While growing up, being a part of a digital divide was never something that I could even fathom. As I gain awareness and knowledge of this divide, it becomes more apparent that it is a cycle that seems to govern how our population utilizes technology for success. To my fortune, I was born into a financially stable family who always had access to technology, including computers with Internet access, phones, television, and basically anything that was relevant at the time.
I got my first cell phone when I was in 6th grade, which from what I remember, was pretty late compared to when most of my friends got cell phones. That’s just one example of how, throughout my childhood, I could never possibly perceive any such digital divide. Further on in my adolescent life, it became a social norm to receive an Apple MacBook (or some other laptop, if you weren’t cool) by the time you were in 7th grade.
Even now, as a college student at the University of Texas, technology plays a huge roll in my life, both in my lifestyle and in my success. Without my personal technological devices, I would have very few ways to communicate, and I simply cannot imagine life without these resources. I would have to utilize a paper map, which in my life, I have never had to use for my own reference. I would also have to attend a library to check my emails, the weather, news, sports news, and basically anything else relevant to my life now. Without my cell phone and laptop I am basically useless, because I would have no way to access educational resources or recreational sources on my own. I utilize resources such as Canvas, Blackboard, UT mail every day for classes. I am fortunate enough to always have Internet access where I live, and I do not have to utilize the library for technological reasons. I also utilize technology for my own personal reasons, such as using social media, reading about current events, catching up on my favorite television show, and for many other recreational endeavors.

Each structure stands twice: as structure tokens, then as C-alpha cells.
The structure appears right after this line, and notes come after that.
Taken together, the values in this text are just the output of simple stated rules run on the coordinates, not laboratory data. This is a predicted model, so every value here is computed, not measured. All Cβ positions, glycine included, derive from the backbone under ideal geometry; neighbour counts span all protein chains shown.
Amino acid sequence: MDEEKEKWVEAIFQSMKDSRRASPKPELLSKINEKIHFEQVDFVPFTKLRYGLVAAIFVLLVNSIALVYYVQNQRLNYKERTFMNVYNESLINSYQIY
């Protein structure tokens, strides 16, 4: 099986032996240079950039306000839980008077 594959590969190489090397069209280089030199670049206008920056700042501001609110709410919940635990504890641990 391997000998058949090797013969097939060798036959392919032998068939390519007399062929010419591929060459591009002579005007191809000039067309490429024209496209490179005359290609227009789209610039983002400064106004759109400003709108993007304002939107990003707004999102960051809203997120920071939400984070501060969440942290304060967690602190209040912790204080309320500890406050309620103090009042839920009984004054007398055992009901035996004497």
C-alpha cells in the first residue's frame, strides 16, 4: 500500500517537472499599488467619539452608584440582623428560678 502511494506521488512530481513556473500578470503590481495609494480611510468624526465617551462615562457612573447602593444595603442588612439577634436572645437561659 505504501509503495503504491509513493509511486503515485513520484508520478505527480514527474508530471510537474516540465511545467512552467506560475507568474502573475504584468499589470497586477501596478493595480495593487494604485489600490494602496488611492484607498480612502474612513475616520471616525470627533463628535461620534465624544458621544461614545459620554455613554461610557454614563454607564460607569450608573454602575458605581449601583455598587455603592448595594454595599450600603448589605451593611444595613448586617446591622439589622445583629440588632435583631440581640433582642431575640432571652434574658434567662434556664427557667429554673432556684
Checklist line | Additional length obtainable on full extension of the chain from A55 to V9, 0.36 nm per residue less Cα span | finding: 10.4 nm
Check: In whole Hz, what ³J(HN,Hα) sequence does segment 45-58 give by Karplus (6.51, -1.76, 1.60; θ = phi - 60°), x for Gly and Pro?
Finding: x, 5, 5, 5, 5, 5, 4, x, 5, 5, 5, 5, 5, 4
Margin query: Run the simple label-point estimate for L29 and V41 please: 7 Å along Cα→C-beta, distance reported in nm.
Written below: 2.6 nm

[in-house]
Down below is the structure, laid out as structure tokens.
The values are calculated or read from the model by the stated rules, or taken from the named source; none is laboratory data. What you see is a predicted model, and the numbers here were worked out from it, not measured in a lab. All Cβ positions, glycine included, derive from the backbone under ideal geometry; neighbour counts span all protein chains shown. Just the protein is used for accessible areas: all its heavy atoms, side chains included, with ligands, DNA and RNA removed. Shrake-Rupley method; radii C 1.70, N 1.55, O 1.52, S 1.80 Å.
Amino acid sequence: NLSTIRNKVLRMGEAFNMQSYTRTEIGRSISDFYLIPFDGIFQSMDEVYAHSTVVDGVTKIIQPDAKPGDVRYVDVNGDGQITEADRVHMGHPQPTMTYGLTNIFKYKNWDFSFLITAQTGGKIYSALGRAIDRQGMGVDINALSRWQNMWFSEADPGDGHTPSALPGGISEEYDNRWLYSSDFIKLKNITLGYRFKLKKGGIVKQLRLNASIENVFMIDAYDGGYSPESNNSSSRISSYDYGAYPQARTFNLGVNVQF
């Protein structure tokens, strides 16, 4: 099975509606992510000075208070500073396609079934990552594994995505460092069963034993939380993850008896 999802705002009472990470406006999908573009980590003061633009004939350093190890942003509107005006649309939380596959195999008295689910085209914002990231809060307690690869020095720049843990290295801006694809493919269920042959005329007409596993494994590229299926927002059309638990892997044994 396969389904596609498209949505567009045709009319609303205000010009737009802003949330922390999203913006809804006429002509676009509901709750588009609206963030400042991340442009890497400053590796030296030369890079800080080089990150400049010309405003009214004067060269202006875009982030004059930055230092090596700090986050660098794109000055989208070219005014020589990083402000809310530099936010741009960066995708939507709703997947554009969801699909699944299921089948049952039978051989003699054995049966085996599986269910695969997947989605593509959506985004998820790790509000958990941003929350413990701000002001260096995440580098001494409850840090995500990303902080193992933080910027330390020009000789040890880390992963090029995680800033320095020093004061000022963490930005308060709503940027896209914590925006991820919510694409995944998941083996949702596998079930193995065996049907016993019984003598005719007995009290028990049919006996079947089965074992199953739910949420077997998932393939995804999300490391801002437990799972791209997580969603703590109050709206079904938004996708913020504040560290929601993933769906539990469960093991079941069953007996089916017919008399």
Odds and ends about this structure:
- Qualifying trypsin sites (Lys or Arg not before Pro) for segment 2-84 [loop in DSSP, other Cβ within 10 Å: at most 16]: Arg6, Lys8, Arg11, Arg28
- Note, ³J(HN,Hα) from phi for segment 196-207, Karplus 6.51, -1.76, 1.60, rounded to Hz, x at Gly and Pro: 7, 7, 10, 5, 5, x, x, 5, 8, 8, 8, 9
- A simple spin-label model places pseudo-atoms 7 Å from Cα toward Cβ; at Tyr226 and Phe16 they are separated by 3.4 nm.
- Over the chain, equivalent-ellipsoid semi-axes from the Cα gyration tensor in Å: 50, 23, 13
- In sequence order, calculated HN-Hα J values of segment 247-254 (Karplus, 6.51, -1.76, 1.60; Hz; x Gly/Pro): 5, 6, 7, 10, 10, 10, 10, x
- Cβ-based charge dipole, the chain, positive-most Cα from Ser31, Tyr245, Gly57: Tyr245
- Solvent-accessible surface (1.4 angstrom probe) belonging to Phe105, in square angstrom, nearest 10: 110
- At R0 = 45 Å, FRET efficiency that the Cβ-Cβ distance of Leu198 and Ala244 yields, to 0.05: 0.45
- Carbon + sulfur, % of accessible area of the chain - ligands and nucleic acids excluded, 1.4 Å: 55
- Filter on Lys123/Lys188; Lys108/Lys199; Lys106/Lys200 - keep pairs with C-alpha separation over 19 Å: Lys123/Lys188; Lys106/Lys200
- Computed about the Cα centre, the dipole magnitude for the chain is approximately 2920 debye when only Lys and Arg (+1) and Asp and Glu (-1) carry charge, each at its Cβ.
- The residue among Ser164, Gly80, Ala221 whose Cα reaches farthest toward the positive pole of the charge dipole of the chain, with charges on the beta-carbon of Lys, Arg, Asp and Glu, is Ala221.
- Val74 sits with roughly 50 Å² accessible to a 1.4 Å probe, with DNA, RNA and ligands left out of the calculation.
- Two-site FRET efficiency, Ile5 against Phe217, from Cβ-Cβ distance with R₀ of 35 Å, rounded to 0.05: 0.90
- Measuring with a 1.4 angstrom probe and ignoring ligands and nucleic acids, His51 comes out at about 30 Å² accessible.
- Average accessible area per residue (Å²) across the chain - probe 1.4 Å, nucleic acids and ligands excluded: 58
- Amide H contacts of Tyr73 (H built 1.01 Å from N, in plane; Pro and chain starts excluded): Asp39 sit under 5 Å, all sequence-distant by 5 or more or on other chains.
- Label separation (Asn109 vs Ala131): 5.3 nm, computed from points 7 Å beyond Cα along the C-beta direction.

Around the world, and even at the University of Texas, there are surely students, who have far fewer technological privileges than I do. There are even young adults my age who are less fortunate and do not have access to a proper education, and much less these technologies that we today, take for granted. I am grateful for my position in today’s digital divide, and I truly admire and sympathize for those who are less privileged than my peers and I are.
Hopefully, as a student and a subject of a fortunate upbringing, I will pass along these technological and social privileges to my children, my children’s children, and so on. This is not to say that I do not wish to rid the world of the digital divide that today, is an issue that is far larger than many people of my socioeconomic class can even imagine; it simply means that through my resources, my education, and my use of technology, I hope to ensure a future where my descendants can have access to these sources of personal satisfaction, knowledge, and success. In a broader scope, I wish for a future where no such digital divide exists. While this is incredibly lofty and unrealistic for any time in which I may still be alive, I can at least start by explaining these major discrepancies in technological access between social classes to those who are less informed about today’s digital structure. Now if everyone with these aforementioned privileges were willing to make an effort, we would be able to make a dent into the wall that stands between the low-income, low socioeconomic status families and the technology they need to succeed today.